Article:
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How Leaders Handle Hard Conversations

By LuAnn Nigara

LuAnn Nigara

Owning a business often feels like you are the lead clown in a circus act. You know what I mean: “In the center ring, we have Joe the Clown and the amazing spinning plates trick!” When you start a window treatment or an interior design business, it’s so much more than window treatments and design. It’s finances, marketing, social media, networking, hiring… Each one of these is a plate that requires our attention to keep it spinning.

Some of the most important plates we spin are our relationships. If you’re like me, that’s usually a good thing. I enjoy speaking with people, building those valued relationships, and swapping stories and conversations. But maintaining those relationships comes with the good, the bad and the ugly.

When the ugly rears its head, you have to figure out how you’re going to handle it. As much as you might like to avoid conflict, you can’t be a business owner without having the tough conversations and using the art of conversation to work through them. 

Taking the easy path leads to hard times

There are times where letting things go makes sense. There are also times when that is absolutely not possible if we want to maintain our integrity. We’ve all faced a situation where a vendor makes an error (or, worse, repeated errors) that reflect on our company and credibility. When this happens, your reputation is on the line. Or what about when a tradesperson speaks out of turn to your customer directly? They undermine or usurp you, or they create doubt about you and your directions.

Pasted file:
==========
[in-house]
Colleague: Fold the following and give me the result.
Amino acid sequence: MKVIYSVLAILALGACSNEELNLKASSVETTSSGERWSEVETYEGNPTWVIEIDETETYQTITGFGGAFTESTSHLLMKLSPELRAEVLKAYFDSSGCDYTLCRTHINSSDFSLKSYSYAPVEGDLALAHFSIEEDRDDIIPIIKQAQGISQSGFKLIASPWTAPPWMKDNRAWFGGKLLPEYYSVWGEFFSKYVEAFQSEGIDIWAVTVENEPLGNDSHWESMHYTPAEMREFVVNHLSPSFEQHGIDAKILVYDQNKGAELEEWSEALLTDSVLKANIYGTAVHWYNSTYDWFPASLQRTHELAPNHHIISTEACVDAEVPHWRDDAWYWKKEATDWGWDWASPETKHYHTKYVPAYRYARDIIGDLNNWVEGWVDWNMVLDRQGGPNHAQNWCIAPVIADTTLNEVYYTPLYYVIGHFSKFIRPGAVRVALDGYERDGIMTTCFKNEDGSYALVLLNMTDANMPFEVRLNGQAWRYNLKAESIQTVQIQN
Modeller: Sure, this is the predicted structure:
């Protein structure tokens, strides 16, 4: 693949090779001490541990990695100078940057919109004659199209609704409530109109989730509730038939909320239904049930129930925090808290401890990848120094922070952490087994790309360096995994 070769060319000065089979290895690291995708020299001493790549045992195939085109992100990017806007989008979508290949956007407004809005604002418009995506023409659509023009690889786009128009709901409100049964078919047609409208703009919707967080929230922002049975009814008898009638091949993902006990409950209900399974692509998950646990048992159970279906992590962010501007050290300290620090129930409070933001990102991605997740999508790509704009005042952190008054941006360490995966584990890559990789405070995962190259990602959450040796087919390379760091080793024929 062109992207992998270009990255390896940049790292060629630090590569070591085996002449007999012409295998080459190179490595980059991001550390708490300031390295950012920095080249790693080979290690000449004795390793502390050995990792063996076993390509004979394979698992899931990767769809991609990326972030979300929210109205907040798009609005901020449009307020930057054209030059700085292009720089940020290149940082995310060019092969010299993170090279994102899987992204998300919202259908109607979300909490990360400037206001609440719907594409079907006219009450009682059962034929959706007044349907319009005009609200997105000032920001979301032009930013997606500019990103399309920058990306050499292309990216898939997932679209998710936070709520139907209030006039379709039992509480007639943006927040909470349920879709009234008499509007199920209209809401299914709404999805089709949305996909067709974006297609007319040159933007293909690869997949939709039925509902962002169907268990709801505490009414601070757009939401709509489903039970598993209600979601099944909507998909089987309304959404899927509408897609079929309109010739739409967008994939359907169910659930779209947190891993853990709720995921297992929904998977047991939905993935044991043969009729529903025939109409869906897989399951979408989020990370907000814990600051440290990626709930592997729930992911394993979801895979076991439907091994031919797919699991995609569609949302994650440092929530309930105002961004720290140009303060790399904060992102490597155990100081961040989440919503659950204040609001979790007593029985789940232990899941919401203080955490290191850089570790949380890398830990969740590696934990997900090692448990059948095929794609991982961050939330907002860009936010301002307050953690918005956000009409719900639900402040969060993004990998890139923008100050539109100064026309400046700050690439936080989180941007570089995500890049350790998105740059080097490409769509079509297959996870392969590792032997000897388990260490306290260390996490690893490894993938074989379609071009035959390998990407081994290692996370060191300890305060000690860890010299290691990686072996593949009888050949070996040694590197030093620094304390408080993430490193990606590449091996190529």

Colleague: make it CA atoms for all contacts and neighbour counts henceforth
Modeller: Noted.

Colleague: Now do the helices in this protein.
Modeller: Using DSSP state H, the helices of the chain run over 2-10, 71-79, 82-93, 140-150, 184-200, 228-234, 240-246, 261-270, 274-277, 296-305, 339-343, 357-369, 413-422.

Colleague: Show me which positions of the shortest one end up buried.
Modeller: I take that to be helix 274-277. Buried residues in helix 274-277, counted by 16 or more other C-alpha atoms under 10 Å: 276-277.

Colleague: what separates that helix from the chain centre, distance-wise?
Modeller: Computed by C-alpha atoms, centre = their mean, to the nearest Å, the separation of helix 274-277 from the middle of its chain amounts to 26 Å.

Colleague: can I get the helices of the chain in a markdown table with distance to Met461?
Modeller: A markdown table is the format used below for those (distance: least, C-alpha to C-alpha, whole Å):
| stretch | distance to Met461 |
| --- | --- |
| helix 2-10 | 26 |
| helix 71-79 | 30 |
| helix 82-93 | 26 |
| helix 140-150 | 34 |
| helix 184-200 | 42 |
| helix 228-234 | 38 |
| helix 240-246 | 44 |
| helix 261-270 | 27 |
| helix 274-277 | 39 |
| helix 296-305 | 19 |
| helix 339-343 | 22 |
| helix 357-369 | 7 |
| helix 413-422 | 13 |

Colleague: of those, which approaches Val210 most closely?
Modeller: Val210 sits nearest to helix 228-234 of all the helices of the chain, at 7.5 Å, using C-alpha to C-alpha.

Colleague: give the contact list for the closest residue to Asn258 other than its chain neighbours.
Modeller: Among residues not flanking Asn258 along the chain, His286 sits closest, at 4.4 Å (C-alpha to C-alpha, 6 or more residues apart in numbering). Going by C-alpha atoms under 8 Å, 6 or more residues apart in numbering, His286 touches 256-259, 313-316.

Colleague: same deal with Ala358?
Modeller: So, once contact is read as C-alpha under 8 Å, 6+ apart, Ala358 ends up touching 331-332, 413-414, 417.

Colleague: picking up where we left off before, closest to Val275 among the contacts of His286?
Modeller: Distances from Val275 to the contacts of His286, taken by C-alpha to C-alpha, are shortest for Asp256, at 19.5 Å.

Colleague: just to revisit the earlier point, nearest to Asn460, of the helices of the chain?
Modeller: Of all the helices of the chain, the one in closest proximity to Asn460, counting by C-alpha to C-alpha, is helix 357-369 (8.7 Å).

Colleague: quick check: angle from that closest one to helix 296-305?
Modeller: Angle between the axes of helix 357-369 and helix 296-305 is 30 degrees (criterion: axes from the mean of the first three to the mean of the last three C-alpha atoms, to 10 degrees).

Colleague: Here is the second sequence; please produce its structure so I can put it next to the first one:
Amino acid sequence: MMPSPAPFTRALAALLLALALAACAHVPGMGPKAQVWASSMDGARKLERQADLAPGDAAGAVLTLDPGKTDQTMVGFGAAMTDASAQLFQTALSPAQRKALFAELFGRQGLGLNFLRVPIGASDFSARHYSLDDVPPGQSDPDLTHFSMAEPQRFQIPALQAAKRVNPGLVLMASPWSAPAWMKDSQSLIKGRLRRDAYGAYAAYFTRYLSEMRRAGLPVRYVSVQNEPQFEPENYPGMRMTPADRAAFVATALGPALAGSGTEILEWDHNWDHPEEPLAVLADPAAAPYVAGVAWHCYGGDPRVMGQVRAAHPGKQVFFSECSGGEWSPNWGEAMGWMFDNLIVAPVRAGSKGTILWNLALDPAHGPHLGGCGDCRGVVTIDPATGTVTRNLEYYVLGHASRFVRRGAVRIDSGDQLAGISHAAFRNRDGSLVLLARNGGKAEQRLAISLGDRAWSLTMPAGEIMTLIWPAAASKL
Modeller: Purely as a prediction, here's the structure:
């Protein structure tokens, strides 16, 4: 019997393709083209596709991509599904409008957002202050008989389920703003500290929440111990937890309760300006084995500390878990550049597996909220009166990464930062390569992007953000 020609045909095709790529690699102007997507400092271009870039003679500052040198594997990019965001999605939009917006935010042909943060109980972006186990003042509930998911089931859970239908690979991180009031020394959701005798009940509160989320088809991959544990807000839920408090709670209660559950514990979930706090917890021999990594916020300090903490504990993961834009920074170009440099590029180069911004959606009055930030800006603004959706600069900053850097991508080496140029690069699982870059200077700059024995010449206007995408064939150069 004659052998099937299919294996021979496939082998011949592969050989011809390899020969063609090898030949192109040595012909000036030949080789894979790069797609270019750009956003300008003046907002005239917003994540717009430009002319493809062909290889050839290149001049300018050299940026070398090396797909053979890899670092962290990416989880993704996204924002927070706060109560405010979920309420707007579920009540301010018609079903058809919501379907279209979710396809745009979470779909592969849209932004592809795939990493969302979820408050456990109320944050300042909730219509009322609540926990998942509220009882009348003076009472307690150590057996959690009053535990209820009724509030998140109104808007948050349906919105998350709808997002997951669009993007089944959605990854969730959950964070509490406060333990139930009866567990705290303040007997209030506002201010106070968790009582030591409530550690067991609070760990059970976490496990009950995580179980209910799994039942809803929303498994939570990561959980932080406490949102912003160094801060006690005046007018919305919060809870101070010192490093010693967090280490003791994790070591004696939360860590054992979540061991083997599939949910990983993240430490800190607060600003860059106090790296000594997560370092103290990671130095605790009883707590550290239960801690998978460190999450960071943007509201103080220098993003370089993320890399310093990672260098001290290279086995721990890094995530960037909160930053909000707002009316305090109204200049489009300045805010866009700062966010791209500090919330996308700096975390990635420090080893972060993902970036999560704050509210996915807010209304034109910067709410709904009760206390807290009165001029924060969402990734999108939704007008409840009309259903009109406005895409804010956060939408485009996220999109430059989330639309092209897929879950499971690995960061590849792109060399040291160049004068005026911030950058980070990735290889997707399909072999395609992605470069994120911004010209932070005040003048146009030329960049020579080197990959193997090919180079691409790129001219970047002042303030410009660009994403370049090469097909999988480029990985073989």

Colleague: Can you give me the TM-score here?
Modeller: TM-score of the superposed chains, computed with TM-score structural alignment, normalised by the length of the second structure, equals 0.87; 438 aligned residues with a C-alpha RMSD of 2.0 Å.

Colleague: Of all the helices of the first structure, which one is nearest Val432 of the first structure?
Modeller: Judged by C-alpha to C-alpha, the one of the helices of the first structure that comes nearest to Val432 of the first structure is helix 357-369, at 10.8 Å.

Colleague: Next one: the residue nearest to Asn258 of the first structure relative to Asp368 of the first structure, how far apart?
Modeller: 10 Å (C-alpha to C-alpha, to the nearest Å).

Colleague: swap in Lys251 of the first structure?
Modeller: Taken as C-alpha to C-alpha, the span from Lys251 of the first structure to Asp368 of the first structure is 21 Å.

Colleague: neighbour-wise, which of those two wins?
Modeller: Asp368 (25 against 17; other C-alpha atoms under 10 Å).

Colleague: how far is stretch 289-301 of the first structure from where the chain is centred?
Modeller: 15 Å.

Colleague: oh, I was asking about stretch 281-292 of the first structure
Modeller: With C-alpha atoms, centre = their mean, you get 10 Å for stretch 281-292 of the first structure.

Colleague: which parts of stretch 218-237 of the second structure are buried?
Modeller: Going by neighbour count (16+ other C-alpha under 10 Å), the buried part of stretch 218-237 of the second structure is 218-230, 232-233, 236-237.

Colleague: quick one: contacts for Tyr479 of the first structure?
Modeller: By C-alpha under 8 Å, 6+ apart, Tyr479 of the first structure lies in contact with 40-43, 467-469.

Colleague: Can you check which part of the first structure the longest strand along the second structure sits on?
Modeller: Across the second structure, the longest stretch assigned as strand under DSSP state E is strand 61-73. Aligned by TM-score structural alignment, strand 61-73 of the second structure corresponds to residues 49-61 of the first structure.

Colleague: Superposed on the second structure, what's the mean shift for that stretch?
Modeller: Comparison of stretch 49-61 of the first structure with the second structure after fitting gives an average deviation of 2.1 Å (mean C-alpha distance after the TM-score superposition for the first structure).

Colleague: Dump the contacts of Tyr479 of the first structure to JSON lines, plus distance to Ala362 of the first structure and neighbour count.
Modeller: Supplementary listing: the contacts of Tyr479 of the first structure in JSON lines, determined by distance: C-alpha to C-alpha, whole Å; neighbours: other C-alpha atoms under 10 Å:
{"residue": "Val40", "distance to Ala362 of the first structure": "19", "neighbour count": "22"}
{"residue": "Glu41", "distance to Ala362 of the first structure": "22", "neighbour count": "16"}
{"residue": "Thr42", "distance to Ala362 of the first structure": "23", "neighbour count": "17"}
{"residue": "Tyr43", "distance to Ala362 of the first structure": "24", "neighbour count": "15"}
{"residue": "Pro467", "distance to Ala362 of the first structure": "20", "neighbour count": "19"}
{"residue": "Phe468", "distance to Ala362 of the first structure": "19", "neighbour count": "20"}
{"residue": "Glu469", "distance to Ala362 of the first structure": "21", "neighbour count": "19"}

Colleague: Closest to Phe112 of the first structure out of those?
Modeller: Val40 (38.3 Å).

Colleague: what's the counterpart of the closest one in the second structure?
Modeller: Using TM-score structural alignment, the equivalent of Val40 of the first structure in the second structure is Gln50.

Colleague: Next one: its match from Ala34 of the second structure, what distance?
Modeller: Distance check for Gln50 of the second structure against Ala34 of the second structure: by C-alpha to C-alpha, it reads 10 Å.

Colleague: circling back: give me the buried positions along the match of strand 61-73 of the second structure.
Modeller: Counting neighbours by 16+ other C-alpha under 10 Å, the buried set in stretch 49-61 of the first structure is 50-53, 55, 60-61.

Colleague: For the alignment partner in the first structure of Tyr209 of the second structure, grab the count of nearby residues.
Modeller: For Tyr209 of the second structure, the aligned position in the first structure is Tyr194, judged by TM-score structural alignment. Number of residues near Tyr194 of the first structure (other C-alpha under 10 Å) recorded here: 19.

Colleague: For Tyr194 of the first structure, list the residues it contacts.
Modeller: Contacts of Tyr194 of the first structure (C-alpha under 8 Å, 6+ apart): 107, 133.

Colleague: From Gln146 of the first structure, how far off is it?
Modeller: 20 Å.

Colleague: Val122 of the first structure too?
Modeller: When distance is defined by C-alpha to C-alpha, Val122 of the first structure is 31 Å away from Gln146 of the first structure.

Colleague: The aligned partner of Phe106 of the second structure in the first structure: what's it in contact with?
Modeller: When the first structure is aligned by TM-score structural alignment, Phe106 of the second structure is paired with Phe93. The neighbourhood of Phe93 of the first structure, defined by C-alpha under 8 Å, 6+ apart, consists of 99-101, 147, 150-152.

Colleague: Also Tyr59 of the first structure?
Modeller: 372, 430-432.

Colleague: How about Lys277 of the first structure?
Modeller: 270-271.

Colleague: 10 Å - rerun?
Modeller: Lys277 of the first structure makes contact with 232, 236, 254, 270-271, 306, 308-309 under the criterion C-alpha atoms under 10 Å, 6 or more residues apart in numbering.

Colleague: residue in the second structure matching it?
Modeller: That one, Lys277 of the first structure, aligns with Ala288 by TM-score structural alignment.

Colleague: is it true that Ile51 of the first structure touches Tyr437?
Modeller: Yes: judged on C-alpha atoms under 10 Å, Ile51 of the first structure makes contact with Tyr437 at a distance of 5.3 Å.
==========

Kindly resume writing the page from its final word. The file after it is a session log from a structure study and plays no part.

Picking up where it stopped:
And, as if the beast of a global pandemic wasn’t enough to deal with, it brought even more tough conversations for us. We’re facing new extreme delays that we have no control over, creating tension, disappointment and uneasiness in customer relationships. It’s created anxiety and apprehension with employees regarding protocols in our business. Each employee has various levels of comfort, and we as business owners have to figure out those levels and determine whether or not we can work with them. 

We know we have to address these situations. When you avoid the tough situations, you lose credibility as an owner and a leader. If you don’t take control of situations when you can, it’s on you when they spiral out of control. It also leads to a negative power dynamic. If customers lose faith that you can be relied on to do the right thing, they start to feel like they need to demand what they want. That’s never a situation you want to be in. 

When former Walt Disney Executive Vice President Lee Cockerell appeared on my podcast, he said something that stuck with me. “When you only do the easy things, everything else gets harder, but when you do the hard things, everything else gets easier.”

Coincidentally, that sentiment is something I’ve always lived by, although, admittedly, I’ve said it less eloquently—usually, “OK, LuAnn, time to put your big-girl panties on right now or it’ll only be harder later.” It’s better to tackle the hard issues now rather than waiting for them to fester. 

When you boil it down, as the business owner, you are the leader, and it’s not always rainbows and butterflies. You have to be the example for your company because everyone looks to you. That means tackling problems head-on. They don’t go away on their own when you pretend they don’t exist—in fact, they usually just escalate.